Long-term partial nitritation and microbial characteristics in treating low C/N ratio domestic wastewater†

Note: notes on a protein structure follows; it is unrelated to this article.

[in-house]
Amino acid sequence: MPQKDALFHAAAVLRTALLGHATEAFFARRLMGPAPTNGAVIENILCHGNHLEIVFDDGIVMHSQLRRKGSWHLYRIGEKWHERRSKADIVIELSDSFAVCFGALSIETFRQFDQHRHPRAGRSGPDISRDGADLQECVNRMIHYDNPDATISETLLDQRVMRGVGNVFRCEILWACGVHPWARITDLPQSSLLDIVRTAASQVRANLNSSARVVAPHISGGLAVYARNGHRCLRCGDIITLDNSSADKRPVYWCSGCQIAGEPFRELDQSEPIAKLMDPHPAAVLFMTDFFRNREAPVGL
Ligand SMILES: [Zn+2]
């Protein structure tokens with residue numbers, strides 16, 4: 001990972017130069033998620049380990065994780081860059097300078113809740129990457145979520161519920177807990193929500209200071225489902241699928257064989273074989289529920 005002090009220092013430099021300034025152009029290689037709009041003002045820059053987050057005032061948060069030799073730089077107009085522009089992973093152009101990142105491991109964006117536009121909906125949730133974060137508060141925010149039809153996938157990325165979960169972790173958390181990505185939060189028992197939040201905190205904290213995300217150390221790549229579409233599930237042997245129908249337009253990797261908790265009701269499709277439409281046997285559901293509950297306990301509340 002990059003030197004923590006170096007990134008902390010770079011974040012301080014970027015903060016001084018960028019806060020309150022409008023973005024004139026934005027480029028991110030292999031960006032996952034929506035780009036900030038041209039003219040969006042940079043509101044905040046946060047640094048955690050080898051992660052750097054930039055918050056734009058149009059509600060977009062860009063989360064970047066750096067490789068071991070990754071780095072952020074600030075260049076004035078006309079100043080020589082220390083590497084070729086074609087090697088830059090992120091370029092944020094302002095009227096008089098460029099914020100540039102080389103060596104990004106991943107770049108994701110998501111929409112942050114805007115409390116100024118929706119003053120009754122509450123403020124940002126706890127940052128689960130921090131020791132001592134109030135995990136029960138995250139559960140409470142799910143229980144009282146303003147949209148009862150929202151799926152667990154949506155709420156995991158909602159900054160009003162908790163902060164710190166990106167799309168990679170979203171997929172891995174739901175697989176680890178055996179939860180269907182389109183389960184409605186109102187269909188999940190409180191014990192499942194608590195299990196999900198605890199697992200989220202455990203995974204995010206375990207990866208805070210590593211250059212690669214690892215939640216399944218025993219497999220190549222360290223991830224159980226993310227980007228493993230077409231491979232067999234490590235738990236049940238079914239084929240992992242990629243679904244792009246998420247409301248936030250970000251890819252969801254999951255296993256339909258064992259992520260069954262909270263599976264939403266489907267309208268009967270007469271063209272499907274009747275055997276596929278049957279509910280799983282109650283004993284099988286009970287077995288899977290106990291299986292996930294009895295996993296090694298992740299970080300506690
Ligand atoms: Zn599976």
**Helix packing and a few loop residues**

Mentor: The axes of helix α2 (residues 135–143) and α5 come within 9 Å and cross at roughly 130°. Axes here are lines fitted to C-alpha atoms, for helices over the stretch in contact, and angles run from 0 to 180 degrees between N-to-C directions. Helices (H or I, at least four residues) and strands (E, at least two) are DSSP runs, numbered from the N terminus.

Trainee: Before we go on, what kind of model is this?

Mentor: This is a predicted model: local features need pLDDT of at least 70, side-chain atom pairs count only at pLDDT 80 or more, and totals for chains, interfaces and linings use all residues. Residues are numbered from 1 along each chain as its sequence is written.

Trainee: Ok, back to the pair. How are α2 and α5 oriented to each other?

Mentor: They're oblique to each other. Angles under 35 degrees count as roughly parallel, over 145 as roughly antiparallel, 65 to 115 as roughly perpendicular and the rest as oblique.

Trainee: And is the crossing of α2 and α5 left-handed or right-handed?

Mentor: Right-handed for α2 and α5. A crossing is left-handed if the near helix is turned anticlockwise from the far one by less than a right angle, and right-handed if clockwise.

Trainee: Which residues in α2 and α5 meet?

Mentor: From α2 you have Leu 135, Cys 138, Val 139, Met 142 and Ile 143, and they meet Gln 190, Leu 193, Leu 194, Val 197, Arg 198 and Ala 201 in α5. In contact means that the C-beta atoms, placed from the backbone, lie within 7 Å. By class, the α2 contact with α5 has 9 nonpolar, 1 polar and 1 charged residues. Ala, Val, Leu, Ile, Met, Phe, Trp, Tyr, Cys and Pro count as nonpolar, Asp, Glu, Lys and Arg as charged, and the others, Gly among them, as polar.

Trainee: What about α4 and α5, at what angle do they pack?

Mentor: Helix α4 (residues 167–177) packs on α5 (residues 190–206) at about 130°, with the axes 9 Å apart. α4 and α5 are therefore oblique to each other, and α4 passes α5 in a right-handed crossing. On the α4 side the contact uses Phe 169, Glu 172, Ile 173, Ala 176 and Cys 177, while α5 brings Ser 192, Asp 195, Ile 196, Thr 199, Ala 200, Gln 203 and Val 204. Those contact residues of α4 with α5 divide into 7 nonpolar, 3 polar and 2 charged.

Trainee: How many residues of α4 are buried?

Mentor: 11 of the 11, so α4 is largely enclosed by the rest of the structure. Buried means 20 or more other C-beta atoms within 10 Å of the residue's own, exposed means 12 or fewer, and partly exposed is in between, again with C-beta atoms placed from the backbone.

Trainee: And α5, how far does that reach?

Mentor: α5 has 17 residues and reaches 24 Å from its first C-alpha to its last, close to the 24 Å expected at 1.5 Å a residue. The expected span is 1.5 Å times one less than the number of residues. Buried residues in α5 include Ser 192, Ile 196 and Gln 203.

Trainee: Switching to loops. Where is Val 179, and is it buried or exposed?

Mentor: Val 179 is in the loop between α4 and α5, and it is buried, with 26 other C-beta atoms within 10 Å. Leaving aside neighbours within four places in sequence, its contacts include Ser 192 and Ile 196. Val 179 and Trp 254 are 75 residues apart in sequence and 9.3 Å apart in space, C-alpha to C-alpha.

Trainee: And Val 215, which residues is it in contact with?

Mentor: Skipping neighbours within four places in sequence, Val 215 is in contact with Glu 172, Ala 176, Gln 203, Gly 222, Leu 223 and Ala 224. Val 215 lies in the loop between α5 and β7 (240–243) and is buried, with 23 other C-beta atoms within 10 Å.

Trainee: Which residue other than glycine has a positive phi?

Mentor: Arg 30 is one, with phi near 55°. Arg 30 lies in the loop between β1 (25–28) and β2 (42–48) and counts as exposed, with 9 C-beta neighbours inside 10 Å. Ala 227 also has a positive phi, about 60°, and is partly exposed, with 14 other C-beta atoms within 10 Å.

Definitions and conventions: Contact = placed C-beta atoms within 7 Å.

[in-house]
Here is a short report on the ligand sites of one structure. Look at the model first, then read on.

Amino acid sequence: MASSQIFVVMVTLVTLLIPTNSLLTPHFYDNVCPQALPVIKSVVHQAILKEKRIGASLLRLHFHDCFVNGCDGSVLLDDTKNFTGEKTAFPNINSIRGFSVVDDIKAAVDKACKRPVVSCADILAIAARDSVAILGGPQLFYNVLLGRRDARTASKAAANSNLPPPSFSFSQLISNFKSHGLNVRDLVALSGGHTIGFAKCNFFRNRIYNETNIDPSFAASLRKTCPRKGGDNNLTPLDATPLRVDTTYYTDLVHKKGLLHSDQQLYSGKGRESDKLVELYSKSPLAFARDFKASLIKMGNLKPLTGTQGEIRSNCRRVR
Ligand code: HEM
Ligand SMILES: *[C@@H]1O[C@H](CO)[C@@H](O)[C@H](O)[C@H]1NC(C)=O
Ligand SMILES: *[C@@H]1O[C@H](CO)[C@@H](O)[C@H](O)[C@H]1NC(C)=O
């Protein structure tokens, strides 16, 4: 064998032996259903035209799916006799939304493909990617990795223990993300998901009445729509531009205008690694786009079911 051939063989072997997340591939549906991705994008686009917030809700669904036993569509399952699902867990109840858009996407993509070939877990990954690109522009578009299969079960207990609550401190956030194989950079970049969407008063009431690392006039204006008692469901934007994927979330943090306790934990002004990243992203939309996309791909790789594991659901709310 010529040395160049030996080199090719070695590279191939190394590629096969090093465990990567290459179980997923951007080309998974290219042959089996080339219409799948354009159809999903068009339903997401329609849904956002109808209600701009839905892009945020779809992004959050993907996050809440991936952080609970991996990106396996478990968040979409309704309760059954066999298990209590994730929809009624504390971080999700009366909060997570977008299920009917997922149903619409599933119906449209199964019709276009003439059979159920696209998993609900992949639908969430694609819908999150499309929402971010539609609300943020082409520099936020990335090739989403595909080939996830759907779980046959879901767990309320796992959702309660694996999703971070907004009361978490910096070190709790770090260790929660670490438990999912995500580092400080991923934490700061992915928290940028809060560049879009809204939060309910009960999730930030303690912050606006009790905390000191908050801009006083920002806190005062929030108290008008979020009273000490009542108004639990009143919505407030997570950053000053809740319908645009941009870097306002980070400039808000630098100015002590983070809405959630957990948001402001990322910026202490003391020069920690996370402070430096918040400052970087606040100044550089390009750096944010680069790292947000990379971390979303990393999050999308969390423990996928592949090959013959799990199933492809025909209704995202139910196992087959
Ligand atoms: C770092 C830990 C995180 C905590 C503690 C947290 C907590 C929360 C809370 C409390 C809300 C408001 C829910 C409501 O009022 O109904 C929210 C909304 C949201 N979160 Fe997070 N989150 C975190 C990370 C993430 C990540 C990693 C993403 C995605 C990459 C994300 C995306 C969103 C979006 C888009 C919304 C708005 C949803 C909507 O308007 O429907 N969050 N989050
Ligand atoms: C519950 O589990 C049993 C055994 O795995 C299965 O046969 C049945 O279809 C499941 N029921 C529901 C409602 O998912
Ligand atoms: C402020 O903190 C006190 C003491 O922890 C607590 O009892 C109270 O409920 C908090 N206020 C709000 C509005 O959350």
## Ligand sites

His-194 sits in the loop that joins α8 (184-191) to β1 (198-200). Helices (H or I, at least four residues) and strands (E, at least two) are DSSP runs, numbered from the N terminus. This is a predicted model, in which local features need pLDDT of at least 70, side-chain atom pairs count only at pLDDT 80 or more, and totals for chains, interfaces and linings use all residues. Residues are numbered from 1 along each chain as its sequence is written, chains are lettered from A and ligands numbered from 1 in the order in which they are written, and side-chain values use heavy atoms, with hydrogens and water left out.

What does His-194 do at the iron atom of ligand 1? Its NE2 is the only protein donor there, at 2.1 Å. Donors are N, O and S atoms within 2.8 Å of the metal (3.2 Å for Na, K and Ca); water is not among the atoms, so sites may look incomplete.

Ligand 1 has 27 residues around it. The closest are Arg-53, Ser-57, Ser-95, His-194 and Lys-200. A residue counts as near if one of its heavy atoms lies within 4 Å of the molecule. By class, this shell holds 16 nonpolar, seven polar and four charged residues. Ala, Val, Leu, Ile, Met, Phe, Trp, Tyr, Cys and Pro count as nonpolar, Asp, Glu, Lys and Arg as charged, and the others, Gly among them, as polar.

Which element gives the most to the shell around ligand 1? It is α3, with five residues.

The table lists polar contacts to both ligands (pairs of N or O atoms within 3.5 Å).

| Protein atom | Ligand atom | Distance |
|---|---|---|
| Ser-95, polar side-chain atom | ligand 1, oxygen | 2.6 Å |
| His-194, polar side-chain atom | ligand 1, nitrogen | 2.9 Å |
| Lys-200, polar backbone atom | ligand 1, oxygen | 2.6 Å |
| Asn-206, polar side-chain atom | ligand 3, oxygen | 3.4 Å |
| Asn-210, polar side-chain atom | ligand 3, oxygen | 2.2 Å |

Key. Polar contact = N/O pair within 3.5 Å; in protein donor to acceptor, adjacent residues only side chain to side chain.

Simultaneous anammox–denitrification process is capable of complete nitrogen removal. To acquire a suitable influent (NO2−-N/NH4+-N > 1.32) for it, the wastewater could be treated by partially oxidizing ammonium to nitrite. Although many studies regarding partial nitritation in treating high ammonium wastewater have been reported, very little research has been undertaken on real domestic wastewater for long term. This study presents a partial nitritation–sequencing batch reactor (PN–SBR) to treat domestic wastewater with low SCOD/TN ratios (2.3 ± 0.6). During the 600 days' operation, the NO2−-N/NH4+-N ratios in the effluent mostly varied between 1.32 and 10.07 and thus, stable partial nitritation was maintained. Moreover, during each PN–SBR cycle, ∼47.6% of organics in raw wastewater were efficiently utilized for denitrifying nitrite, by which the aeration for the oxidation of organic matters was decreased, and stable nitritation was further assured due to the lack of substrate for nitrite oxidizing bacteria. High-throughput sequencing analysis revealed that the dominant nitrifying bacteria were Nitrosomonas belonging to ammonia oxidizing bacteria, while no nitrite oxidizing bacteria were detected. During the idle period of a PN–SBR cycle, the obvious nitrite decrease without observed COD consumption might be due to the predominance of Ottowia, which functioned in fermentation and denitrification, for which nitrite was denitrified by using readily biodegradable organic matters biodegraded by Ottowia bacteria.